PEOPLE AND PLACES

PEOPLE AND PLACES

Thursday, April 14, 2016

The Navy New Warships

US Navy's giant new destroyer is TOO stealthy: Zumwalt to be fitted with reflectors so other ships can spot it at sea

  • The USS Zumwalt launched from Bath Iron Works in Maine on Monday morning
  • The 600-foot-long destroyer cruised along the Kennebec River to the Atlantic on its first voyage
  • The ship, which weighs 15,000 tons, has taken four years to build at an estimated cost of $4.3 billion
  • Ship is the first created by the Navy that could one day support a railgun  








The future USS Zumwalt is so stealthy that it'll go to sea with reflective material that can be hoisted to make it more visible to other ships.
The Navy destroyer is designed to look like a much smaller vessel on radar, and it lived up to its billing during recent builder trials.
Lawrence Pye, a lobsterman, told The Associated Press that on his radar screen the 610-foot ship looked like a 40- to 50-foot fishing boat. 
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FILE - In this March 21, 2016 file photo, Dave Cleaveland and his son, Cody, photograph the USS Zumwalt as it passes Fort Popham at the mouth of the Kennebec River in Phippsburg, Maine, as it heads to sea for final builder trials. The ship is so stealthy that the U.S. Navy resorted to putting reflective material on its halyard  to make it visible to mariners during the trials. (AP Photo/Robert F. Bukaty, File)

FILE - In this March 21, 2016 file photo, Dave Cleaveland and his son, Cody, photograph the USS Zumwalt as it passes Fort Popham at the mouth of the Kennebec River in Phippsburg, Maine, as it heads to sea for final builder trials. The ship is so stealthy that the U.S. Navy resorted to putting reflective material on its halyard to make it visible to mariners during the trials. (AP Photo/Robert F. Bukaty, File)
He watched as the behemoth came within a half-mile while returning to shipbuilder Bath Iron Works.
'It's pretty mammoth when it's that close to you,' Pye said.
Despite its size, the warship is 50 times harder to detect than current destroyers thanks to its angular shape and other design features, and its stealth could improve even more once testing equipment is removed, said Capt. James Downey, program manager.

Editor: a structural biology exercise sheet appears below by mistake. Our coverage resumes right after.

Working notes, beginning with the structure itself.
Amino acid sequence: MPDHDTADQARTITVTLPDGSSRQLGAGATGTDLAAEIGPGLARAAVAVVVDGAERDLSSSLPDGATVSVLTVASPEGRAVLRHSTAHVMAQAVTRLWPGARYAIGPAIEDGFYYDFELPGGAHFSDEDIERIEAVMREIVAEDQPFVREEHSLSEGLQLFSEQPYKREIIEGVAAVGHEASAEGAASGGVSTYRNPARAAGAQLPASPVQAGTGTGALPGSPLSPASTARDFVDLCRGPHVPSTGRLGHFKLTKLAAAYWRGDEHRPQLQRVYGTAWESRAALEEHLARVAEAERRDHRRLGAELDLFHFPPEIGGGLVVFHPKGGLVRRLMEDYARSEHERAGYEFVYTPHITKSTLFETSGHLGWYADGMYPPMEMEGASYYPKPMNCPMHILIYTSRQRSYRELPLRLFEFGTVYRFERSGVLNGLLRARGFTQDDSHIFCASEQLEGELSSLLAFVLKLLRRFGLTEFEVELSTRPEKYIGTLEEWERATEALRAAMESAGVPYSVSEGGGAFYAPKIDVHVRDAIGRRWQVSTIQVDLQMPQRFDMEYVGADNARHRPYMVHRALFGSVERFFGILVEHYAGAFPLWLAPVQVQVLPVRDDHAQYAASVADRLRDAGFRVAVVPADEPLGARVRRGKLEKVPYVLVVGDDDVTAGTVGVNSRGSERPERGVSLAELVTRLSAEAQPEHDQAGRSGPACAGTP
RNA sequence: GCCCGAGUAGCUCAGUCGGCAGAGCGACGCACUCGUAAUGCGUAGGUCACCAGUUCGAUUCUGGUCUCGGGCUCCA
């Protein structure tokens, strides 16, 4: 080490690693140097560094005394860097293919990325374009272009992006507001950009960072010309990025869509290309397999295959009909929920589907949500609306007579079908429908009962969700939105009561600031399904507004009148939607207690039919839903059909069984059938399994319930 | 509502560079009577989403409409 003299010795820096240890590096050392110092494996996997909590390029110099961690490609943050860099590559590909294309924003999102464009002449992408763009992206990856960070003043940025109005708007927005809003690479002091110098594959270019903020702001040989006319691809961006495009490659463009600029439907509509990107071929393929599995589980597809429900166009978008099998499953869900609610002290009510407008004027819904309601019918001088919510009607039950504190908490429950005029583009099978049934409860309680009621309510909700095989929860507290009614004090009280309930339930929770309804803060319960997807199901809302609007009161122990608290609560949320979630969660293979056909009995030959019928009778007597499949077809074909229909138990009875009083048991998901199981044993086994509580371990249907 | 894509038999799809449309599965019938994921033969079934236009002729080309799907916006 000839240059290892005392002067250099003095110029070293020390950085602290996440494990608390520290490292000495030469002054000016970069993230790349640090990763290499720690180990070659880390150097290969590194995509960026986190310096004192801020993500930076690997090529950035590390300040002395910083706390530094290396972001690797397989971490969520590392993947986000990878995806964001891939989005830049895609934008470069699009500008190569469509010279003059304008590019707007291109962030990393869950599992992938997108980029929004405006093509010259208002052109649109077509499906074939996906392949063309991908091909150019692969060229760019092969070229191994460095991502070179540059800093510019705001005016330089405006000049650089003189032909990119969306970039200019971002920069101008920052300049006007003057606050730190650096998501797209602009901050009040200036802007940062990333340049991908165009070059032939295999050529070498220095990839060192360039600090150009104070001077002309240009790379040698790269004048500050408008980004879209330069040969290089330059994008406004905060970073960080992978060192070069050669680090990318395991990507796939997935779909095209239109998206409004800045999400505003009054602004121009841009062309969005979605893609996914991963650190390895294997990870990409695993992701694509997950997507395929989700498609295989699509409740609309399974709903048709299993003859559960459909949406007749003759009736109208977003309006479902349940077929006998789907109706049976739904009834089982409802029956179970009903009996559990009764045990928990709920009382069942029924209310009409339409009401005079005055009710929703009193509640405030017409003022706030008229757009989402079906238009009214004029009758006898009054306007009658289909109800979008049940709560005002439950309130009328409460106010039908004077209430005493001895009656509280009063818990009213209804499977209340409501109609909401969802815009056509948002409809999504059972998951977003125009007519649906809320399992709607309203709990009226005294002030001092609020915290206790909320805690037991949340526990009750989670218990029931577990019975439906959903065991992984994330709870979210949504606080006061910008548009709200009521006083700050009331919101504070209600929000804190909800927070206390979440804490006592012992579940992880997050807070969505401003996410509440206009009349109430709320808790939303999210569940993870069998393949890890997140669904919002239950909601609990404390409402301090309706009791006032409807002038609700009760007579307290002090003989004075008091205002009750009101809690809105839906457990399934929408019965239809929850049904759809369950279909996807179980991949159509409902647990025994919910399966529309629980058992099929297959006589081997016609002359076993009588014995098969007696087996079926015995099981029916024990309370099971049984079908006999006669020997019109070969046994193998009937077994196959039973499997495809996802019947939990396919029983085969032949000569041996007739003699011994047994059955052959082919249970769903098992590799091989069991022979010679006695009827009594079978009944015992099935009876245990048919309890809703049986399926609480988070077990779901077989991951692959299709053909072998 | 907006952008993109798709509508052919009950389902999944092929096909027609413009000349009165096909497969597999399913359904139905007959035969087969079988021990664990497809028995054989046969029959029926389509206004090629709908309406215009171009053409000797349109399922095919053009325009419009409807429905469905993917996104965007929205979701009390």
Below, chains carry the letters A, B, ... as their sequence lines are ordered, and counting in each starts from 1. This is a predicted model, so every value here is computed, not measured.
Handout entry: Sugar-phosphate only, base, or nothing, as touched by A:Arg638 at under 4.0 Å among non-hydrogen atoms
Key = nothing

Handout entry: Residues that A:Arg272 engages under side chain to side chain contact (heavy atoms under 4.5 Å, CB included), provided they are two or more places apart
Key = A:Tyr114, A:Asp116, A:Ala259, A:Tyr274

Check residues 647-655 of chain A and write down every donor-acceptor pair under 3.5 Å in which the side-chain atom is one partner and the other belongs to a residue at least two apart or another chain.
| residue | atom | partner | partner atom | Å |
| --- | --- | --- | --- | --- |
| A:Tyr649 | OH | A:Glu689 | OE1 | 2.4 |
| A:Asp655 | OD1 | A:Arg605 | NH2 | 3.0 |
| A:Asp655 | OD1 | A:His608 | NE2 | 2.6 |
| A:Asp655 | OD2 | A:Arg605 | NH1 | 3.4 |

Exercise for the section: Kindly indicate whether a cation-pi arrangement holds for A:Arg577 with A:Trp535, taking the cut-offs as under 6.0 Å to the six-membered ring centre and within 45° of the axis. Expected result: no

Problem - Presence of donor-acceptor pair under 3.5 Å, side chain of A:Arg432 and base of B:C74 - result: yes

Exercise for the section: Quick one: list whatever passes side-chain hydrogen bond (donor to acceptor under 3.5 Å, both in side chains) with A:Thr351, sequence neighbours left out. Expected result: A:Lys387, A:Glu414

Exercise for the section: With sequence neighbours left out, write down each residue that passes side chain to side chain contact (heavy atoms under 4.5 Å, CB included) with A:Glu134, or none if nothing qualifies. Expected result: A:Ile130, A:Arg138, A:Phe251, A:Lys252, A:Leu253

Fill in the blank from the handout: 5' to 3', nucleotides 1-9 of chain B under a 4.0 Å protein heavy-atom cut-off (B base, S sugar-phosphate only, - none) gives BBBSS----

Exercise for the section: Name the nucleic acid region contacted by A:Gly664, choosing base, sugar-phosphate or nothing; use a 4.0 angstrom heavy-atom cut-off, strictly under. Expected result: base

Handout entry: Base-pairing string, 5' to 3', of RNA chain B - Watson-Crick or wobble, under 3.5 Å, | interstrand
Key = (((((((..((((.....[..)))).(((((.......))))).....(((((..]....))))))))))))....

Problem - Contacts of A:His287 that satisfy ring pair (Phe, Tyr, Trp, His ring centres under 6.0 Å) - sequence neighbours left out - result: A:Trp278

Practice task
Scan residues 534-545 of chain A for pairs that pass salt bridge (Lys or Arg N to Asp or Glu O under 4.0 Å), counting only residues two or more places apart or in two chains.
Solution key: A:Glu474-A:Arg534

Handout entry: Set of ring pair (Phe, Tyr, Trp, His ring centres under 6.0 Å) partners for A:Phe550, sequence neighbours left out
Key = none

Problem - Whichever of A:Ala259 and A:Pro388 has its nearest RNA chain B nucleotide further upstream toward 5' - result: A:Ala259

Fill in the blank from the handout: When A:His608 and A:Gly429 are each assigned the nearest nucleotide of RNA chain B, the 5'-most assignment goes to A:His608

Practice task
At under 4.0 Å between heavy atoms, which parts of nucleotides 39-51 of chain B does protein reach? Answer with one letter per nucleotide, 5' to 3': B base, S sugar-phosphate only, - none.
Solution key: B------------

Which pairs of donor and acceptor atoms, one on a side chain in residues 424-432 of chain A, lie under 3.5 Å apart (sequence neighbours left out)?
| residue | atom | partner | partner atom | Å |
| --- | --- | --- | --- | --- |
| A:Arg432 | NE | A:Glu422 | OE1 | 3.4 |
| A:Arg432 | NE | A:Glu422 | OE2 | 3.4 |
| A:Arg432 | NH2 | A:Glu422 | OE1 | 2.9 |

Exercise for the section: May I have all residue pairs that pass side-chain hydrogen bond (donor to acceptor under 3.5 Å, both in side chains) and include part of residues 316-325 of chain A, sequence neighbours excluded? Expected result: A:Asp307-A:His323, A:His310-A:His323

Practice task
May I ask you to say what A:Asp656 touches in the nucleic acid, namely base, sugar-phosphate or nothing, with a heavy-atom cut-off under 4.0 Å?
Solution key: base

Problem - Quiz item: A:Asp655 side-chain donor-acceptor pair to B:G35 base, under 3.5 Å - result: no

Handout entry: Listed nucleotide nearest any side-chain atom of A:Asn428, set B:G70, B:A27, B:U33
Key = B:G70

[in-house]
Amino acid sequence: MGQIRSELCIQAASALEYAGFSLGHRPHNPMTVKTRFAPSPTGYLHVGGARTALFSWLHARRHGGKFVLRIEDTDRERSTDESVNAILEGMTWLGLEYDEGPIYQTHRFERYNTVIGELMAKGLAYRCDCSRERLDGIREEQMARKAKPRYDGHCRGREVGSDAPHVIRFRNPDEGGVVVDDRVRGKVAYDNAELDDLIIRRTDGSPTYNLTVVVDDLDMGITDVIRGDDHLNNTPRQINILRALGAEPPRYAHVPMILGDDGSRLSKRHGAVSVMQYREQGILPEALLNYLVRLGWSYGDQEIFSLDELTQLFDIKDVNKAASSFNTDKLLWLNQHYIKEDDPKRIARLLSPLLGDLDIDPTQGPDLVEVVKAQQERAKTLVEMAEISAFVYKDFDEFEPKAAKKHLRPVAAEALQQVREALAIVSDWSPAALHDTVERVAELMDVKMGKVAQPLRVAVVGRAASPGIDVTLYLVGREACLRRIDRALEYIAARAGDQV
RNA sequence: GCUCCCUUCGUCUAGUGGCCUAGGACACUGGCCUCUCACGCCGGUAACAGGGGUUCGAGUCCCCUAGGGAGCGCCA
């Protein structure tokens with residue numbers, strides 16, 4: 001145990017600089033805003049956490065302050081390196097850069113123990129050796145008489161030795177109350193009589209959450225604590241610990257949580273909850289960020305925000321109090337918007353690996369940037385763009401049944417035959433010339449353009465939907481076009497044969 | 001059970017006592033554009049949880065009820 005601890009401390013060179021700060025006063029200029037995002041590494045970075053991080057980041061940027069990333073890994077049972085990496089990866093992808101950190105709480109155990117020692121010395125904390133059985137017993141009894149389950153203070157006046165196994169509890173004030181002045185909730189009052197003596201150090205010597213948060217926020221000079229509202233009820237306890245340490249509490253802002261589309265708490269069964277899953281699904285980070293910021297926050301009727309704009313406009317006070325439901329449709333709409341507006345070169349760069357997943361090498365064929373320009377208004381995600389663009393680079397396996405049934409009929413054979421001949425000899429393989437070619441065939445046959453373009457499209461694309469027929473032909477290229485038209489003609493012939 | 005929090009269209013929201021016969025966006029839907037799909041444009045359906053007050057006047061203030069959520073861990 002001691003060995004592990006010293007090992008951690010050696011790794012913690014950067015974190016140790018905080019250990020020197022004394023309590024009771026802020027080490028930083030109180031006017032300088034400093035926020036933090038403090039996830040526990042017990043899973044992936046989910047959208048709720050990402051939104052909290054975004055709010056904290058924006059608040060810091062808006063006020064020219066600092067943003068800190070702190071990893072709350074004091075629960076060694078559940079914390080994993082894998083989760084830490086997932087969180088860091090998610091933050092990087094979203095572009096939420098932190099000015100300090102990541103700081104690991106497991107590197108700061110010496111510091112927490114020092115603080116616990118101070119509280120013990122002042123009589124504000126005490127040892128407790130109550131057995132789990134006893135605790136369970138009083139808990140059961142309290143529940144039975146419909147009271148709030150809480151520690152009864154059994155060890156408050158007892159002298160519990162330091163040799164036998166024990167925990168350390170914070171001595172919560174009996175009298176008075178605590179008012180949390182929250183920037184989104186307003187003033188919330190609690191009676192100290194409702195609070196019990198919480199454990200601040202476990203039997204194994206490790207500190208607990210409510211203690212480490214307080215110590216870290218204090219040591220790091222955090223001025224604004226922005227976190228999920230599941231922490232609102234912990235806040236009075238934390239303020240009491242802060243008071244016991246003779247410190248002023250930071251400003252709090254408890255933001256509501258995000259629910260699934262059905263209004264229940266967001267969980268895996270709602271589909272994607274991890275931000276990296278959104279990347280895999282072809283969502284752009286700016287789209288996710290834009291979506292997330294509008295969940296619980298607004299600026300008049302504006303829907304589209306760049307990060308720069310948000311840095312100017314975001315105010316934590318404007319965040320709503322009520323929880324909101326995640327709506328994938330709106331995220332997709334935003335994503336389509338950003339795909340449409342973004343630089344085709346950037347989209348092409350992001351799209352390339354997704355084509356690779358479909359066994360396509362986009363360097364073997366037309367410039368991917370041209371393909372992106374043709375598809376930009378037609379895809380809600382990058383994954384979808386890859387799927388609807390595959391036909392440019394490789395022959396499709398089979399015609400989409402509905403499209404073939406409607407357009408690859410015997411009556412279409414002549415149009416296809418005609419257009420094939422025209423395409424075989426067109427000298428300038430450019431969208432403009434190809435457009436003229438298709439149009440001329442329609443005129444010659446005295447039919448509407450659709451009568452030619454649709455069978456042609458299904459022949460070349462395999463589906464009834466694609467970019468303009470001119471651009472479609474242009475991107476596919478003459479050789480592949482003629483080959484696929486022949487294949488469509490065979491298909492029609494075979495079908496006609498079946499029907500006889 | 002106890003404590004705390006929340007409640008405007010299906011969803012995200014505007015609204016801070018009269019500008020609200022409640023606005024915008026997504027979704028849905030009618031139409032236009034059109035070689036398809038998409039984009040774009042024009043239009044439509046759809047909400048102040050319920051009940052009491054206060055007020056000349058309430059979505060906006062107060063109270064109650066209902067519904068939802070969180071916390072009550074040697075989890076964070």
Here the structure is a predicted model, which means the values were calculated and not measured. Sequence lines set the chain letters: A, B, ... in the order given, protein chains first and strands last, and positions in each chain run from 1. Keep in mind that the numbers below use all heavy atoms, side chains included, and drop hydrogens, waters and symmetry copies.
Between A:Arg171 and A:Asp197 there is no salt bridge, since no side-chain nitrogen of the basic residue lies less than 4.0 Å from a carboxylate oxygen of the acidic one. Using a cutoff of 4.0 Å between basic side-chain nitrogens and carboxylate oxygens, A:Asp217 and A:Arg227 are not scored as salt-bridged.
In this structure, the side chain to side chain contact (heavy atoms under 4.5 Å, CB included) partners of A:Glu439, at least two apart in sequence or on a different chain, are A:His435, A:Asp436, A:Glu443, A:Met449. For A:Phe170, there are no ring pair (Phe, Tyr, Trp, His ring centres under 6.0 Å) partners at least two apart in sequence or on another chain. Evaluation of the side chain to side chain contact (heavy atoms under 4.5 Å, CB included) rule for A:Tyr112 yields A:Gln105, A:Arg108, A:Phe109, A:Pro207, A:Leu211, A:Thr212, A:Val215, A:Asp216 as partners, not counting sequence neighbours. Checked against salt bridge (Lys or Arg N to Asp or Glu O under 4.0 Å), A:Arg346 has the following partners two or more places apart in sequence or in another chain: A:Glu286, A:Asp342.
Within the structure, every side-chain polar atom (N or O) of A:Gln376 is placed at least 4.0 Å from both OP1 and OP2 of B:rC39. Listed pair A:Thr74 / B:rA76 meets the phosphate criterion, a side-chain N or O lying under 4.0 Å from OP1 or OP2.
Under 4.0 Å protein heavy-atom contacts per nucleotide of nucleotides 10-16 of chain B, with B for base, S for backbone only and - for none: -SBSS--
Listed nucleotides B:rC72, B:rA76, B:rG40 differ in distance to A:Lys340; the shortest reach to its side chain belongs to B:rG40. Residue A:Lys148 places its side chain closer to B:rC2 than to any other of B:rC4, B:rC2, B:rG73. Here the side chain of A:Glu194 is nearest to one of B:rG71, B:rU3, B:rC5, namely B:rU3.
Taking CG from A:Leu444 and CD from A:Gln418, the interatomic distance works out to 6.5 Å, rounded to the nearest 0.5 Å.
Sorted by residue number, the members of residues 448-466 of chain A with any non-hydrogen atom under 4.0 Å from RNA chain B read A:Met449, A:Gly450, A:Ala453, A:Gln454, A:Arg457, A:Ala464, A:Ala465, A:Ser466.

During sea trials last month, the Navy tested Zumwalt's radar signature with and without reflective material hoisted on its halyard, he said. 
The goal was to get a better idea of exactly how stealthy the ship really is, Downey said from Washington, D.C.reflectors, which look like metal cylinders, have been used on other warships and will be standard issue on the Zumwalt and two sister ships for times when stealth becomes a liability and they want to be visible on radar, like times of fog or heavy ship traffic, he said.
The possibility of a collision is remote. 
The Zumwalt has sophisticated radar to detect vessels from miles away, allowing plenty of time for evasive action.
But there is a concern that civilian mariners might not see it during bad weather or at night, and the reflective material could save them from being startled.
The destroyer is unlike anything ever built for the Navy.
Besides a shape designed to deflect enemy radar, it features a wave-piercing 'tumblehome' hull, composite deckhouse, electric propulsion and new guns.
More tests will be conducted when the ship returns to sea later this month for final trials before being delivered to the Navy. 
The warship is due to be commissioned in October in Baltimore, and will undergo more testing before becoming fully operational in 2018. 
Future version of the radical design are expected to be used to test a futuristic 'Star Wars' railgun that uses electromagnetic energy to fire a shell weighing 10kg at up to 5,400mph over 100 miles – with such force and accuracy it penetrates three concrete walls or six half-inch thick steel plates. 
The largest destroyer ever built for the U.S. Navy is currently undergoing  sea trials. Future versions of the radical design will be fitted with 'star wars' railguns, if tests go according to plan.

The largest destroyer ever built for the U.S. Navy is currently undergoing sea trials. Future versions of the radical design will be fitted with 'star wars' railguns, if tests go according to plan.
More than 200 shipbuilders, sailors and residents gathered to watch as the futuristic 600-foot, 15,000-ton USS Zumwalt glided past Fort Popham, accompanied by tugboats on Monday.
The $4.3bn ship departed from shipbuilder Bath Iron Works in Maine and carefully navigating the winding Kennebec River before reaching the open ocean where the ship will undergo sea trials.